To maintain a sufficient width of the attached gingiva during orthodontic therapy there may be a need for mucogingival surgeries [5]. The common cause of esthetic concern among adults is the pathological migration of anteriors and the etiological factors responsible may include -attachment loss, habits like Bruxism and pressure from tongue, inflamed periodontal tissue, unreplaced missing teeth. All of these factors may lead to functional and esthetic problem. This may be one of the prime motivating factors to seek orthodontic treatment. Orthodontic treatment can be initiated once the periodontal disease is controlled. Through this a good treatment outcome which can be achieved in a patient with compromised dentofacial esthetics [7,8].

Orthodontics as an Adjunct to Periodontal Therapy

Studies have demonstrated a positive association between malocclusion and periodontal health [9]. Orthodontic procedures can provide a number of benefits to a periodontally compromised patient. Vertical repositioning of teeth by an orthodontic therapy can improvise certain osseous defects in periodontal patients. Regaining the lost papilla may be done by orthodontic therapy which allows open gingival embrasures to be corrected. If before implant placement, the patient has missing teeth for several years and shows tipping and drifting of adjacent teeth orthodontic treatment can help improve the adjacent teeth position. Orthodontic therapy may benefit patients who have severe fracture of the anteriors that require forced eruptions for restoration of root. This will allow the crown preparation to have sufficient resistance and retention form. Alignment of crowded teeth by orthodontic therapy may provide tremendous advantage for patients who do not have the dexterity to maintain oral hygiene or patients susceptible to periodontal bone loss.

Gingival Discrepencies Which can be treated by Orthodontic Therapy

Uneven gingival margins

Whenever these discrepancies are present the proper solution for the problem must be determined i.e. to choose between an orthodontic therapy for repositioning the gingival margin or surgical correction to be done for these discrepancies. Four factors which contribute to ideal gingival form. (a) The two central incisors should have thin gingival margins at the same level. (b)The gingival margins of central incisors and canines should coincide with the gingival margins of central incisors positioned more apically than lower incisors. (c) The labial gingival marginal contours should mimic the cement-enamel junction of the teeth. (d) Between each tooth, a papilla should be present and therefore half of the inter-proximal contact is occupied by the papilla and other half of the contact is formed by adjacent teeth.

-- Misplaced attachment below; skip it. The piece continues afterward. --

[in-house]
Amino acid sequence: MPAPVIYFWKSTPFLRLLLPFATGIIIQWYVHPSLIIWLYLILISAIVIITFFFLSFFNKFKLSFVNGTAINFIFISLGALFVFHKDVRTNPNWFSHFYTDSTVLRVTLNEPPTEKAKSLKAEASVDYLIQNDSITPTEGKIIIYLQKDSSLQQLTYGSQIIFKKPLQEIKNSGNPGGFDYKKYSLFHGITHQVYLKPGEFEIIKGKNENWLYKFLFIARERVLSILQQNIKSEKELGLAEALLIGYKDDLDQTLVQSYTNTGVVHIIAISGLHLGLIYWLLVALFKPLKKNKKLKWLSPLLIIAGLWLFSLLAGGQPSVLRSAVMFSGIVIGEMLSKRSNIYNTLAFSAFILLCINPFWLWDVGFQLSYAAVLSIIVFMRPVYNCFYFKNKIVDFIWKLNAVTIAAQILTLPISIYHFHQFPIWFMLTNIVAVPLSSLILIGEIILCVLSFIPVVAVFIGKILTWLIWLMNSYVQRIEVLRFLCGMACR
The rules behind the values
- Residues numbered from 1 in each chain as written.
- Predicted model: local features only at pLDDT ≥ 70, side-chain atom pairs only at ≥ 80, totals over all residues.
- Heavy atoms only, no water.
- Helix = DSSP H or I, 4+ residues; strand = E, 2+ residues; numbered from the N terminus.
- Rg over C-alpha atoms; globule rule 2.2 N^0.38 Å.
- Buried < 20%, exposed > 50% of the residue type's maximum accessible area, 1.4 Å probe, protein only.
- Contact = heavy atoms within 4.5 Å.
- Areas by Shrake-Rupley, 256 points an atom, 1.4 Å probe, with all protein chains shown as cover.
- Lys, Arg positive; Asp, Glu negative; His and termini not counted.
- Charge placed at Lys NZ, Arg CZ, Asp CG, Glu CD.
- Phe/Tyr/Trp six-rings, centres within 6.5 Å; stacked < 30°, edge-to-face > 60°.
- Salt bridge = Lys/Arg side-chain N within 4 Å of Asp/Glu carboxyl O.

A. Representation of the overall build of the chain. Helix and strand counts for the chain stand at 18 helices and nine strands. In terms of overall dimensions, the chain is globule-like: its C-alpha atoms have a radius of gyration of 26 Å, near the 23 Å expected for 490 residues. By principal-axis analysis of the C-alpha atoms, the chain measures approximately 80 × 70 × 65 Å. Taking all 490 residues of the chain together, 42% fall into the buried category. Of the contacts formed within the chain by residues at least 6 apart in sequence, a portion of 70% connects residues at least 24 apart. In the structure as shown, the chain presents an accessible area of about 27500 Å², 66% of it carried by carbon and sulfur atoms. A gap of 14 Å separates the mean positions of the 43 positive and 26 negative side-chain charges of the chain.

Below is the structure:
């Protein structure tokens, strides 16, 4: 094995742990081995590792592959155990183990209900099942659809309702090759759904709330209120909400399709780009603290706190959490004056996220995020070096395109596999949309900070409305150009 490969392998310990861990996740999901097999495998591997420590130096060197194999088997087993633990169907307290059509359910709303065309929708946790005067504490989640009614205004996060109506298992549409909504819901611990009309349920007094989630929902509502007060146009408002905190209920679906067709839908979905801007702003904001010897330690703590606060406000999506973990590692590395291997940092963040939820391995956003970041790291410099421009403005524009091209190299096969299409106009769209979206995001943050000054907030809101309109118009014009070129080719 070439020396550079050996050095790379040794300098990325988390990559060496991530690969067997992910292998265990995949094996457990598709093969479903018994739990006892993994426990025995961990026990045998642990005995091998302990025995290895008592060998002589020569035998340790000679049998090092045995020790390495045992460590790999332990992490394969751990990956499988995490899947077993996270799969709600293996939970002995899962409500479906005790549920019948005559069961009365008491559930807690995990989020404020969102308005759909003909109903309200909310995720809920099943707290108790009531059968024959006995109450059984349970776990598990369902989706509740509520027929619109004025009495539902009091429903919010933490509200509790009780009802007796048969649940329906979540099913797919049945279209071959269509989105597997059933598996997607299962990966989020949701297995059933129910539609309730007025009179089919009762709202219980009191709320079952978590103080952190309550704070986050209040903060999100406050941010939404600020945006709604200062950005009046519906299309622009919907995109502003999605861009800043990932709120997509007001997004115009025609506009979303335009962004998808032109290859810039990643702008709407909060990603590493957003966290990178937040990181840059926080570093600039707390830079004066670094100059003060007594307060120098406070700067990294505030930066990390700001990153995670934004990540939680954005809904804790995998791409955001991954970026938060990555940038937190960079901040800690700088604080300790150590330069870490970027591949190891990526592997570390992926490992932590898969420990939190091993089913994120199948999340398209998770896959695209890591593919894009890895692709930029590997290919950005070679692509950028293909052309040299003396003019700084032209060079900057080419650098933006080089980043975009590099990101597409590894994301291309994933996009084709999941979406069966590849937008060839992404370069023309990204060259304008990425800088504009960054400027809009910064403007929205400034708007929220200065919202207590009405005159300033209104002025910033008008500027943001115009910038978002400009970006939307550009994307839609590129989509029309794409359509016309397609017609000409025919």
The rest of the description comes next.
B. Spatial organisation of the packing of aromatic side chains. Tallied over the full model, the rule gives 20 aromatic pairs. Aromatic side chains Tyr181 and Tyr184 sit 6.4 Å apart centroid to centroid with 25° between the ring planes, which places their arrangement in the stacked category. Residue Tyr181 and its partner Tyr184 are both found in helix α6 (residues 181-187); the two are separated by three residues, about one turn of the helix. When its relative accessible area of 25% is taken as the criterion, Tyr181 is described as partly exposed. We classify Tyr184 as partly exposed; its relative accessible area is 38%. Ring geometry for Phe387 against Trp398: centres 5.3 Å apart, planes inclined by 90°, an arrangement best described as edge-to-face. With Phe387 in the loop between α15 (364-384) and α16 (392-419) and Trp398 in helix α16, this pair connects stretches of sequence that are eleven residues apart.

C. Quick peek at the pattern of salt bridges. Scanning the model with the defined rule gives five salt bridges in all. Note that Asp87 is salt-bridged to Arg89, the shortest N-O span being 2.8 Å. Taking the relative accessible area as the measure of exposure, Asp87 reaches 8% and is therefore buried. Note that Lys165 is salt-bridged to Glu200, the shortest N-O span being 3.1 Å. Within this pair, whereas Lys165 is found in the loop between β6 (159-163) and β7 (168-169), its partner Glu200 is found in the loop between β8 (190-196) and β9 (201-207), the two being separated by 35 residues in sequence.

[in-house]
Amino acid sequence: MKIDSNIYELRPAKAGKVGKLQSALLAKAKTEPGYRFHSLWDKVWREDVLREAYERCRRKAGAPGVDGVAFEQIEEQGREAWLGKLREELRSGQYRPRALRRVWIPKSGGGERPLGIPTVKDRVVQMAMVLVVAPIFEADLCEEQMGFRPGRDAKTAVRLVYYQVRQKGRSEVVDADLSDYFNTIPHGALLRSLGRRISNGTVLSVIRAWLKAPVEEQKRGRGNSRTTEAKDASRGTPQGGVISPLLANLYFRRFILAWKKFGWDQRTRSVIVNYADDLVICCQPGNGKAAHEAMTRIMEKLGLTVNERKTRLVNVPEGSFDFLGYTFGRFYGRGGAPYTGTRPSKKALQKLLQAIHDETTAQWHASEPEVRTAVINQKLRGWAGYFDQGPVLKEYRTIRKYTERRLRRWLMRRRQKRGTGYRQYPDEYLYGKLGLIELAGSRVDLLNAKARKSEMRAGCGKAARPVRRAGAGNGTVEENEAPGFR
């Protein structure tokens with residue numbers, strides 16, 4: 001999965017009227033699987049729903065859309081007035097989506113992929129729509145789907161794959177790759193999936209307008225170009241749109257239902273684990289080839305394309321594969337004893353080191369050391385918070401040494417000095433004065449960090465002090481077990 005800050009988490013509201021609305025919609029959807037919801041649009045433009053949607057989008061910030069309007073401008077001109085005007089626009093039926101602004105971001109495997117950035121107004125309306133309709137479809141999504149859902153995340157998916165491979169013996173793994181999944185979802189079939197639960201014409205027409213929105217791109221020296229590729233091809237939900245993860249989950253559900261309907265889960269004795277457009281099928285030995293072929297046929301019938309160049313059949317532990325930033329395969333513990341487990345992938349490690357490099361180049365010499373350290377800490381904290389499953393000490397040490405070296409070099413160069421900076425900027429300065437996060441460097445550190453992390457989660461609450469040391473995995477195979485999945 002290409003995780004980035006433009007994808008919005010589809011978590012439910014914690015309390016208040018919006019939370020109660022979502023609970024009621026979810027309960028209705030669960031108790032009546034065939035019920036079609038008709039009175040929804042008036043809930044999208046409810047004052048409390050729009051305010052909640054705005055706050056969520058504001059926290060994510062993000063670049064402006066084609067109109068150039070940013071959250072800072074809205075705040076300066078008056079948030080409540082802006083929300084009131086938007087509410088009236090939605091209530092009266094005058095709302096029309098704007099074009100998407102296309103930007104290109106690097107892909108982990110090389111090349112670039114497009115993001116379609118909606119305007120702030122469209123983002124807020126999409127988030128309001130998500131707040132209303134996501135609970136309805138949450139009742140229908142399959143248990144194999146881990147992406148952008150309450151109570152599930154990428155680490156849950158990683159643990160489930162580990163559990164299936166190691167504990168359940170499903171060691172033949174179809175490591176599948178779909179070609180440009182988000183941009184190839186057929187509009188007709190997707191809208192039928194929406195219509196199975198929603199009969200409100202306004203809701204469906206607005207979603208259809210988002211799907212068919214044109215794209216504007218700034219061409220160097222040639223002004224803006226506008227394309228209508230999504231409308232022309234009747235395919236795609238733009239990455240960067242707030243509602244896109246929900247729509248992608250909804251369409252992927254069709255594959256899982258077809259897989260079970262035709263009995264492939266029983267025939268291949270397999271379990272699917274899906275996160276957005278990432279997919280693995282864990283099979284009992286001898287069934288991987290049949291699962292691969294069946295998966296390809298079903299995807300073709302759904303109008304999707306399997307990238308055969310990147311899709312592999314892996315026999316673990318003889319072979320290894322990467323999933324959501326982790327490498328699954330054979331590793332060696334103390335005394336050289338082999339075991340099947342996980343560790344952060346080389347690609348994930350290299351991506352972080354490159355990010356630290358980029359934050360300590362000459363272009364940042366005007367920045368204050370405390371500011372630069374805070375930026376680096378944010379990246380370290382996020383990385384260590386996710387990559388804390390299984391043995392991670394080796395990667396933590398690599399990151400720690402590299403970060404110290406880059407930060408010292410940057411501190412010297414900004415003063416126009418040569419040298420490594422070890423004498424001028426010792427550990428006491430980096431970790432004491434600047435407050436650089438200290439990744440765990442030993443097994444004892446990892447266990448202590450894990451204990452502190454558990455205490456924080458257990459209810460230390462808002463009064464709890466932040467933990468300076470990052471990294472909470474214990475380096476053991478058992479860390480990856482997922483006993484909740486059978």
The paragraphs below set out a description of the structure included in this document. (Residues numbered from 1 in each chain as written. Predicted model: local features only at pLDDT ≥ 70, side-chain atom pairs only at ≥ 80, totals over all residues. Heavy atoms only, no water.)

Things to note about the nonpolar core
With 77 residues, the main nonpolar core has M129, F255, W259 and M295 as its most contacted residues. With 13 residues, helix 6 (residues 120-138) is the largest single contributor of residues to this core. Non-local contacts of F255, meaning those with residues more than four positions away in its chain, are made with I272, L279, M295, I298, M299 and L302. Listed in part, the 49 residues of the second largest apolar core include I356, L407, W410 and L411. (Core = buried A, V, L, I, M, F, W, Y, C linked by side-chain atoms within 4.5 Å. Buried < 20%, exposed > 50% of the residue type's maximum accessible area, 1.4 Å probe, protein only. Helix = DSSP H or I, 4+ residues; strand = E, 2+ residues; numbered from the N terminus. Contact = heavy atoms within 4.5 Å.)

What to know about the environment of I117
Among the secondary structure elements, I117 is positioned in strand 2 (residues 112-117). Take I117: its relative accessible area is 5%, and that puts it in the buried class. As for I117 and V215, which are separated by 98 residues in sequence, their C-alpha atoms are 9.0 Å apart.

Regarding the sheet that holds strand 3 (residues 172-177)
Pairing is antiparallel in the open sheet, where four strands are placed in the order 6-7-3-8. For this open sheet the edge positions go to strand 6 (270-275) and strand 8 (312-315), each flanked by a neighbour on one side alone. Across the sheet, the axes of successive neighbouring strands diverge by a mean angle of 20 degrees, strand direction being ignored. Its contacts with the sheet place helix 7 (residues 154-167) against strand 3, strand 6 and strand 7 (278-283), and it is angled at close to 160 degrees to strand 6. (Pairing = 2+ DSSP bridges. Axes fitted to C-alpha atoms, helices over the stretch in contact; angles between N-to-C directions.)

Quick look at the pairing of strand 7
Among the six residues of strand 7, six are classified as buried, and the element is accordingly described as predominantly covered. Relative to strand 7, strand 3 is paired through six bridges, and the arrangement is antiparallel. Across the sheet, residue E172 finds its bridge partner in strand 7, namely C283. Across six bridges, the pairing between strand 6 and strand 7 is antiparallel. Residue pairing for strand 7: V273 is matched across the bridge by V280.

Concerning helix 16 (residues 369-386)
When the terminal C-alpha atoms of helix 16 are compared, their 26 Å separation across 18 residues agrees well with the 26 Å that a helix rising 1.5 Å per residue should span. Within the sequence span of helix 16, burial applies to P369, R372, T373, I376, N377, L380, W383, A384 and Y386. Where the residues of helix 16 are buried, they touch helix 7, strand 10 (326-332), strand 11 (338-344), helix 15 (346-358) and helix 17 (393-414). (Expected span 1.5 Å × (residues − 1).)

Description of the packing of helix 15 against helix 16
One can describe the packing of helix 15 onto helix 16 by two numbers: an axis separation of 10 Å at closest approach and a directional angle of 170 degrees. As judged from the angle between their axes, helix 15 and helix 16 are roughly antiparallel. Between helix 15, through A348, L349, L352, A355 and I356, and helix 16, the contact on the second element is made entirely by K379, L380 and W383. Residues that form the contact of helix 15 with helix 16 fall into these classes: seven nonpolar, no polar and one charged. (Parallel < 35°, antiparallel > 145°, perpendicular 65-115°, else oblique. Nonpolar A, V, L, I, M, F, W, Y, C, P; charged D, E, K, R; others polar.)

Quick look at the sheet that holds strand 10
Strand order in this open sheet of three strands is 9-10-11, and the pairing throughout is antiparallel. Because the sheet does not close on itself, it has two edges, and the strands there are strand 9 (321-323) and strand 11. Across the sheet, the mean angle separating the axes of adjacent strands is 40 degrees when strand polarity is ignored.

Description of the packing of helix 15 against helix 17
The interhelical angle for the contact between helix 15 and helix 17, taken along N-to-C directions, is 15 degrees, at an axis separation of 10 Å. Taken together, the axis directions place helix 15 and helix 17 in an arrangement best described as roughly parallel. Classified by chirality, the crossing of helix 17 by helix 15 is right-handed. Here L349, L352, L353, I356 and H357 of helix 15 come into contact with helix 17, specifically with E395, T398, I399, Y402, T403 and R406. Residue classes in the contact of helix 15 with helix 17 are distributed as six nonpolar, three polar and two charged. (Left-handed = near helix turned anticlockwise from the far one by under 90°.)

• To make a correct decision as to which treatment should be chosen, four criteria are to be evaluated.

• To assess the relationship between the patient’s lipline and the gingival margin of maxillary central incisors when the patient smiles. If gingival margin discrepancy is present but it is not exposed it does not require correction.

• The labial sulcular depth over the two central incisors is evaluated. Excisional gingivectomy may be appropriate for moving the gingival margin of a clinically shorter tooth with a deep sulcus. However gingival surgery may not help if the sulcular depth of the short and long incisors is equivalent.

• The relationship between the shortest central incisor and the adjacent lateral incisor is evaluated. If it is found that the shortest central incisor is still longer than lateral incisor the longer central incisor is extruded and the incisal edge is equilibrated. This will help the gingival margin to move coronally and the gingival margin discrepancy is eliminated. However if the shortest central incisor is found to be shorter than the lateral incisor this technique is likely to produce unesthetic relationship between gingival margins of central incisor and lateral incisor.

• To observe if incisal edges are abraded this is done by evaluating the teeth from an incisal perspective. If one incisal edge is found to be thicker labiolingually than adjacent tooth it may show the incisal edge has been abraded an tooth has been overerupted. In this condition the appropriate method to correct the discrepancy is to intrude the short central incisor this will move the gingival margin apically and will permit the restoration of incisal edges [10,11].

Abraded and Overerrupted teeth

Habits such as probusive bruxism can end in significant wear off maxillary and mandibular incisors with overerruption which is compensatory. To treat these kind of cases there are two options available.

First, crown lengthening procedure performed by elevating a flap, removing sufficient bone and positioning the flap apically to create a good amount of tooth length for crown preparation. This procedure however, would not be applicable for teeth with short tapered roots as this can adversely affect the crown to root ratio and may potentially open the gingival embrasures between anterior teeth.